As a passionate Sherlock fan, I approached Elementary with more than a little trepidation, especially because I believed (and still do) that the main reason the creators made Dr. Watson a woman is so that she and Holmes can eventually have a sexual relationship on American network television.
Elementary is great in its own very-different-from-Sherlock way. The characters are complex, interesting, and consistent. The plots are intriguing, unexpected, and (with occasional exceptions) acceptably accurate. It's a fun ride, even for those of us with brains that don't turn off.
It is not, however, an adaptation of Sir Arthur Conan Doyle's Sherlock Holmes stories, the way Sherlock is. It is more of a Sherlock Holmes tribute. The characters, wonderful in their own right, are so different from those in Conan Doyle's works that I was not enjoying the show until I stopped thinking of them as new interpretations of those characters, ignored the labels their writers had given them, and started thinking of them as utterly different people.
For they are utterly different people. Dr. Watson is an able investigator, in anyone's estimation, let alone Holmes's? Holmes wants to spare Watson's (or anyone's) feelings about anything on their first meeting? My sister and I started making a list of major, character-defining deviations from the Conan Doyle standard, and almost every trait that the characters showed or attitude they seemed to seriously claim had me sputtering with indignation until I accepted that the creators of Elementary have only a cosmetic interest in authenticity as described in the Customs. It is a viable artistic choice, and there is nothing wrong with their having gone a different direction than the Sherlock team. From the "A Holmes of Their Own" on the first season DVD set, the creators and cast seem unaware they've made this choice (rather a frightening fact, when one thinks about it), which might explain why they didn't do the better thing and make it an honest tribute rather than trying to hide behind Conan Doyle labels. While I do hold and will continue to hold that authenticity is a desirable trait in Sherlock characters because the creators have not only stated that they are trying to make it so but are clearly trying to do so, it just doesn't have the same place in the Elementary universe, regardless of what its creators say in documentaries. Elementary is an affectionate tip of the hat to Conan Doyle's Sherlock Holmes and his universe, much the way Lawrence Block's Chip Harrison works are a tribute to Rex Stout's Nero Wolfe stories, but it is not an adaptation.
I think a better premise for the series would've gone like this:
An extremely brilliant and observant British boylet's say that his name is Clive Hastingsfalls in love with the Sherlock Holmes stories, sees them as a blueprint for his future, and works from that blueprint in his career, culminating in working as a consultant for Scotland Yard. Maybe the people around him recognize his inspiration and start calling him "Sherlock" as a nickname (if so, he loves it and asks everyone he meets to call him so). He tries to be like Sherlock Holmes in every way, not realizing that he is doomed to failure.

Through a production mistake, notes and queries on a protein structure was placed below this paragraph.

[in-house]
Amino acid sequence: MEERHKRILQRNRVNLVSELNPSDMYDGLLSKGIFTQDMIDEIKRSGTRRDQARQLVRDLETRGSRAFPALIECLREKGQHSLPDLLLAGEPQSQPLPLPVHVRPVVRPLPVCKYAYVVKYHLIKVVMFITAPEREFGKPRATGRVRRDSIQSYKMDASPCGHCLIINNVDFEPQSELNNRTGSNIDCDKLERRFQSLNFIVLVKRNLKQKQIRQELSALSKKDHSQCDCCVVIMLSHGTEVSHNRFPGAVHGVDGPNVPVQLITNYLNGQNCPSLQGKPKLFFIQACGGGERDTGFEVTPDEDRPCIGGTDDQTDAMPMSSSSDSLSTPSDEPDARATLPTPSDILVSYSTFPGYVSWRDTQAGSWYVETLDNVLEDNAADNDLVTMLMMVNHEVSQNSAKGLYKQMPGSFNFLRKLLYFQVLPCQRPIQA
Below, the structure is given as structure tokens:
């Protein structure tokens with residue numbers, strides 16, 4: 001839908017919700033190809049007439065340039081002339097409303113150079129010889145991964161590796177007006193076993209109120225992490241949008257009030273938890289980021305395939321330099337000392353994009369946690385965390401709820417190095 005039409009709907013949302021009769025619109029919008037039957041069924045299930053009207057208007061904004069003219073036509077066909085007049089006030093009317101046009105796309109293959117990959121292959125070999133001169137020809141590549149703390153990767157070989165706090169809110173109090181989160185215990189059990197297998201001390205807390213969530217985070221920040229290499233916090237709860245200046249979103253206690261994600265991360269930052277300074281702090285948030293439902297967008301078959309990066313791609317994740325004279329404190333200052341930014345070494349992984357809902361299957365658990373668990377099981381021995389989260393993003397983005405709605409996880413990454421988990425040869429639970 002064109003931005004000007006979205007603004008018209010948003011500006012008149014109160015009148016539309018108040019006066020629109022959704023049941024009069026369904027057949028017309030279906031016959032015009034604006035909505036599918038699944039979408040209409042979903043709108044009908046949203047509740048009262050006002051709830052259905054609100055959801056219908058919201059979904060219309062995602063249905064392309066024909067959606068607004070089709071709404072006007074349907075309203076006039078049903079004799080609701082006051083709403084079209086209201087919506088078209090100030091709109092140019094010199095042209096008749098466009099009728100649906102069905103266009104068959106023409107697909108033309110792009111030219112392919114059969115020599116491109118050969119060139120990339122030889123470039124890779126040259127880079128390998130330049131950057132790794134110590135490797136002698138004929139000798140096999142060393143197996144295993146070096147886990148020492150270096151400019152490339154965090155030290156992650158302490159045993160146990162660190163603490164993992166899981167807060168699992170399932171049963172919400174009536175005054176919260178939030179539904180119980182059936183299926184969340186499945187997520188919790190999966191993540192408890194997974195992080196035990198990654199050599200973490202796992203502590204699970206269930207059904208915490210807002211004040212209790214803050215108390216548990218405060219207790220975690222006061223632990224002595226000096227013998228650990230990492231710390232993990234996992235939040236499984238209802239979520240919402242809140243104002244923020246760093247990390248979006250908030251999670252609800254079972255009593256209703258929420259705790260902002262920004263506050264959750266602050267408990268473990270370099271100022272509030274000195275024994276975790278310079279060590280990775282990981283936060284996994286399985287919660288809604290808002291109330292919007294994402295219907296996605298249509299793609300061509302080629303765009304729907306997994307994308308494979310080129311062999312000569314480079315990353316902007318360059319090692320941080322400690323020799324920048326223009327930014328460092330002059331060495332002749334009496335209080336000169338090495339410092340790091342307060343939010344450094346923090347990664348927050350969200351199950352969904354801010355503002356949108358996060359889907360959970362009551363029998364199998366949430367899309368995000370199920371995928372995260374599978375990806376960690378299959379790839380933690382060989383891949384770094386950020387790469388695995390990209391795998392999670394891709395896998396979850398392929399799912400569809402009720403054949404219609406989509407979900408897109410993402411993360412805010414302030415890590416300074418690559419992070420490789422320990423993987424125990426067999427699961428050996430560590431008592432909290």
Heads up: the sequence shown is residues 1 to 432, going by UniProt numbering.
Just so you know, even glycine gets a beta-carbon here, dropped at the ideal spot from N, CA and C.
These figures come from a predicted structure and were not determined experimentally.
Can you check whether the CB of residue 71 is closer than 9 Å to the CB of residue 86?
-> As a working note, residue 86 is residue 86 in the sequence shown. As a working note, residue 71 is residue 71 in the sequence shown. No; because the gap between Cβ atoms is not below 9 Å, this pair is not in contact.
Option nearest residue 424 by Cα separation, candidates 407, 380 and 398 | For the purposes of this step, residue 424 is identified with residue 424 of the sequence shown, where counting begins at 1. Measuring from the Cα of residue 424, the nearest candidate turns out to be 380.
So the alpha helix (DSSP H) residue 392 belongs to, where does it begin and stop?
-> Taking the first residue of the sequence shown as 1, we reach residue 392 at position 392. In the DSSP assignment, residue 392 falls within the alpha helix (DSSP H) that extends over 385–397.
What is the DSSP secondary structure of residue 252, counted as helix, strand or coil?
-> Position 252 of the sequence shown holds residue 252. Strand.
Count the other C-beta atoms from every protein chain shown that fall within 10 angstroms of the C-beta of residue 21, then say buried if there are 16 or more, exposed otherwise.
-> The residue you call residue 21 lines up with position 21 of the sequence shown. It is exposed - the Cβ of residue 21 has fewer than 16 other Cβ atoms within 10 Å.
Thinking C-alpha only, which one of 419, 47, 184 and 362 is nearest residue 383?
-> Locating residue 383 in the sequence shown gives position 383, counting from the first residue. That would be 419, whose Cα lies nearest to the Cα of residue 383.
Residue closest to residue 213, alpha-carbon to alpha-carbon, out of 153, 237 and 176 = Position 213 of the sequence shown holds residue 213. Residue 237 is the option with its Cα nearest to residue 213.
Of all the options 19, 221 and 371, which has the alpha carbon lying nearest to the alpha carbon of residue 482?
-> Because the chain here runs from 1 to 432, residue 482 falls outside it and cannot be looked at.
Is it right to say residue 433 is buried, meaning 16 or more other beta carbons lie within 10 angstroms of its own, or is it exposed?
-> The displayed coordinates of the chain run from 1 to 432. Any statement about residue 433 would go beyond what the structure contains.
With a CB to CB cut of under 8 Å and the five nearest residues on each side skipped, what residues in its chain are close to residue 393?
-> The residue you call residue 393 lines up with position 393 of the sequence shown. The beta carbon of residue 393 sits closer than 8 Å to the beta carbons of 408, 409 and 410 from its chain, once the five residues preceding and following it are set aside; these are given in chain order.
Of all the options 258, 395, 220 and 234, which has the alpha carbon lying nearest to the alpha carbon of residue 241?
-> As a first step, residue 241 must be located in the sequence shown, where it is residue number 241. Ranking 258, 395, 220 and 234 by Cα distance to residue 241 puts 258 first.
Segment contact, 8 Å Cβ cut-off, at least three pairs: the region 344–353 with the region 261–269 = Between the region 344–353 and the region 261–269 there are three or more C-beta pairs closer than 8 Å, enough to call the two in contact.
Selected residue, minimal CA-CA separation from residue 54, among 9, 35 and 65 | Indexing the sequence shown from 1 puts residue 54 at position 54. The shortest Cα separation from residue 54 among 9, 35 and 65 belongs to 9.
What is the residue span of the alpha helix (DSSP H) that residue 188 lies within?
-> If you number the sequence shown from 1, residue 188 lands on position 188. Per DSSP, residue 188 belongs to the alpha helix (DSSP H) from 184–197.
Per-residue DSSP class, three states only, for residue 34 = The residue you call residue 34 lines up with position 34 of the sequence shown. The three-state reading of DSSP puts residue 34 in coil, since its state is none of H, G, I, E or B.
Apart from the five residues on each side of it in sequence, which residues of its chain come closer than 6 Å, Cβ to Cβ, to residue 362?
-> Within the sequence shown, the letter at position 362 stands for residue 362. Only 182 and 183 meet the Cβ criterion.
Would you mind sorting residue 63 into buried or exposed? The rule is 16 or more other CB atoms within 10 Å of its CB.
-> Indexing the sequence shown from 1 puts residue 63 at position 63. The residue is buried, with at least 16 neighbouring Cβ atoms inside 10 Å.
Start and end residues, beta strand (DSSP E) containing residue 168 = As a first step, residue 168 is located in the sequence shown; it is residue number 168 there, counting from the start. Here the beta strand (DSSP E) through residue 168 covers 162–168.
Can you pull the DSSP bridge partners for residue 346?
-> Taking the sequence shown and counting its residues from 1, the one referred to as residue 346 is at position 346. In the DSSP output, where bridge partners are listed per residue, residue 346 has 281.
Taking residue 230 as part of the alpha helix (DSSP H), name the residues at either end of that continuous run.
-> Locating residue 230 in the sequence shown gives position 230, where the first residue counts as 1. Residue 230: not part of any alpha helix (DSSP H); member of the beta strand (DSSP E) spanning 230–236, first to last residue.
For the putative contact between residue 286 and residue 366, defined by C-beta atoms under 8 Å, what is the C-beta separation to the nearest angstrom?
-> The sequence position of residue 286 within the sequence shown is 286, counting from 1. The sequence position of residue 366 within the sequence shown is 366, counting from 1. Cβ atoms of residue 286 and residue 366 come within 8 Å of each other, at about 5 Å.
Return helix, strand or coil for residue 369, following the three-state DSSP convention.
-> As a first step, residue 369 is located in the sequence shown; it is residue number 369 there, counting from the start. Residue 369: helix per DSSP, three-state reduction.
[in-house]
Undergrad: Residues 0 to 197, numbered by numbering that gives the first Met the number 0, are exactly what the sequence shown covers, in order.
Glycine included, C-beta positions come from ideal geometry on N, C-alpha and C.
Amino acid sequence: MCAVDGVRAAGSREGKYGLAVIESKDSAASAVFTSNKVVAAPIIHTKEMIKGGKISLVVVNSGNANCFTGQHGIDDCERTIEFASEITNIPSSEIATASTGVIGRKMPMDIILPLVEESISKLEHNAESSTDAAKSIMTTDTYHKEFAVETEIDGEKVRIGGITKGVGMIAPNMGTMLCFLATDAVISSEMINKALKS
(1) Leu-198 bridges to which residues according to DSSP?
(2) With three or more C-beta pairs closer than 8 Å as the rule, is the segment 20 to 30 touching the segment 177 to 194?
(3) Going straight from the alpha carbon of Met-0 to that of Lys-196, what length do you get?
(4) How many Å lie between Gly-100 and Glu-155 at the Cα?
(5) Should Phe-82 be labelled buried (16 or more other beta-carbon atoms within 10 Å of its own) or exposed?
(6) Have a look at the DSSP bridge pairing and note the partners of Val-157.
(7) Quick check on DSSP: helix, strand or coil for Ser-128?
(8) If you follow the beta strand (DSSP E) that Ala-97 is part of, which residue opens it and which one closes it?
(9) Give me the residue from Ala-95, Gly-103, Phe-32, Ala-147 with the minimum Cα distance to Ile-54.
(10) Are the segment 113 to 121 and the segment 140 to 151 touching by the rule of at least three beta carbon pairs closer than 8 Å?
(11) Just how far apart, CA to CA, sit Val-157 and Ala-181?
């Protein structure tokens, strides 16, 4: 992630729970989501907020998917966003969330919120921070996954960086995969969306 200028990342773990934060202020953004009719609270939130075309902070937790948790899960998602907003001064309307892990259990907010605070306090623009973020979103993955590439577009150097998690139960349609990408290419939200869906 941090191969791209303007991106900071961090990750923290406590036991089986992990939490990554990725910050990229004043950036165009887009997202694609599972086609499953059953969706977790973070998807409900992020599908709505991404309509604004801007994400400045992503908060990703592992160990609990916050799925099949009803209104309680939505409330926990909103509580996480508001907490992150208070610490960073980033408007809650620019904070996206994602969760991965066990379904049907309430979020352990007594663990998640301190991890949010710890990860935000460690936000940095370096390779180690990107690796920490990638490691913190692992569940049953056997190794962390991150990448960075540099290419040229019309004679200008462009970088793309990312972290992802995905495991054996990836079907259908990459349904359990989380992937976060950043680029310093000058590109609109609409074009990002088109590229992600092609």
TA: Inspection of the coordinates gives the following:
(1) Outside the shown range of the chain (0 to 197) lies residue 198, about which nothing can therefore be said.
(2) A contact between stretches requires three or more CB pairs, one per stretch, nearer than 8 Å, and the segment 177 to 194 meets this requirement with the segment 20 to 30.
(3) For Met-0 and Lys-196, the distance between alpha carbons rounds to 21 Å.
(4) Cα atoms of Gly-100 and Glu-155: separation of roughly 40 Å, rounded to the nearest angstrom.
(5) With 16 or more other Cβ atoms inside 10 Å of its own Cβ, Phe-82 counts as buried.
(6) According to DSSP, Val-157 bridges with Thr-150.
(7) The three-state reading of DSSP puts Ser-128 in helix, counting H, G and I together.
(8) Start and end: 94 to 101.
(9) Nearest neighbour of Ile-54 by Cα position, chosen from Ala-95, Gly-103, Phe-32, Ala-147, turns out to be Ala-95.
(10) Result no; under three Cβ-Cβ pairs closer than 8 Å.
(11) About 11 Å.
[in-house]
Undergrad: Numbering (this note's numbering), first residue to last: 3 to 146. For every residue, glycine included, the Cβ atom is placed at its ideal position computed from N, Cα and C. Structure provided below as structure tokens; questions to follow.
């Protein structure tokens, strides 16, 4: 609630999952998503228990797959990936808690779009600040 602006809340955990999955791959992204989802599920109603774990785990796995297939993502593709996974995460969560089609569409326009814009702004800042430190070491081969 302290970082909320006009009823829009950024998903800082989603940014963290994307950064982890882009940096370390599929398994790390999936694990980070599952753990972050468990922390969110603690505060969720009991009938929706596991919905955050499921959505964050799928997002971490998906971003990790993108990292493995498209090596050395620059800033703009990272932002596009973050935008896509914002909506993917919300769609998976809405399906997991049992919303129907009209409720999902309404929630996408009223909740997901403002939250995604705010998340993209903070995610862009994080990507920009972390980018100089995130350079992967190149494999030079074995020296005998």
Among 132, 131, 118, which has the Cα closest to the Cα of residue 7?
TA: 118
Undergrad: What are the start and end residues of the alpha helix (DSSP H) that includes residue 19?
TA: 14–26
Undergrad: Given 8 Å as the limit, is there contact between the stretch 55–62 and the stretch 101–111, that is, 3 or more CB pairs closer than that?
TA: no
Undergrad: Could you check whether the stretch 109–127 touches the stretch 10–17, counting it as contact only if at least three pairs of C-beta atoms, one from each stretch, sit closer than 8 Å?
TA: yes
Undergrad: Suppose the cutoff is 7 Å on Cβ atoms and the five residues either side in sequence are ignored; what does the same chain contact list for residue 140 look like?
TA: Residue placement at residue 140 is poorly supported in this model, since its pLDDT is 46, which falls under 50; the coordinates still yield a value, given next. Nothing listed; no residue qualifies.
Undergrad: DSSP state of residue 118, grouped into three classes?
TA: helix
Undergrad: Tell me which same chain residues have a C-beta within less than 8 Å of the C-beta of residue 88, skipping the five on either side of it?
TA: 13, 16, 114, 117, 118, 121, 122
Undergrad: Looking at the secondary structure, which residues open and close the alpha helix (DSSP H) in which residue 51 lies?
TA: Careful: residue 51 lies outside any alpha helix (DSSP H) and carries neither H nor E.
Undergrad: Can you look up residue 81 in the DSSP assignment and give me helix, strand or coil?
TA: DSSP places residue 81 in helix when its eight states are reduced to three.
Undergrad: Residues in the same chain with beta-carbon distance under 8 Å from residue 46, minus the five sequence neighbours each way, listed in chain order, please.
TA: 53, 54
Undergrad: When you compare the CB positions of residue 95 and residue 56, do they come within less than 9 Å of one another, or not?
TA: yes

For you see, Sherlock Holmes (like his namesake in Sherlock) is not emotionally wired the same way as most humans, but Clive Hastings is. Holmes is not pretending to be cold and logical, nor did he teach himself to be that way. He comes that way, and it takes unusual circumstances and people to engage him emotionally. Clive, poor lad, although sharing Holmes's brilliance and skills, feels all too much. He hates it, though, and tries to convince himself that he is the nearly pure instrument of logic that his idol is. It is of course inevitable that he suffers a severe emotional blow that is more than his facade of unemotionality can take, and having spent his whole life trying to shut down feelings rather than deal with them, he does not know how to process the massive pain. Not surprisingly (except perhaps to Clive himself), he turns to narcotics.
When Clive's father (who is loathed in a way inconsistent with the original Holmes) insists that Clive have a sober companion, Clive childishly insists on one whose family name is Watson. He is all the more unprepared for the intelligent, observant, out-of-the-box-thinking woman who shows up on his doorstep, for Joanie is only named Watson. She is not the military man following his adored leader, as the original Watson was. She may not be Clive's equal at his craft, but she sees inconsistencies in the police conclusions on the cases from the beginning. Clive not only must struggle to maintain his sobriety, but he must do it in the company of someone who, if she can be persuaded to flex her intellectual muscles, can eventually be an equal partner in his craft. Worst of all, this person it is impossible for Clive not to respect tells him that he must engage his emotions and deal with them if he hopes to stay sober and continue to pursue that craft.
The rest of Elementary follows pretty well from that. It's still Elementary but a good deal more honest, thereby creating an authenticity of its own. I wish the creators had gone for it. I would have enjoyed my first viewing of the first two episodes a great deal more because I would not have had to figure out and constantly remind myself that this was Clive and Joanie and their friends and enemies, not Holmes and Watson and their friends and enemies. The Elementary creators' deliberate Conan Doyle facade disrupted my ability to appreciate what they had actually created.
So by all means watch and enjoy Elementary! But go in knowing that Clive and Joanie are your new friends, and not your old familiar buddies, Holmes and Watson. You'll like them and appreciate them all the more for knowing that.Back to the Garret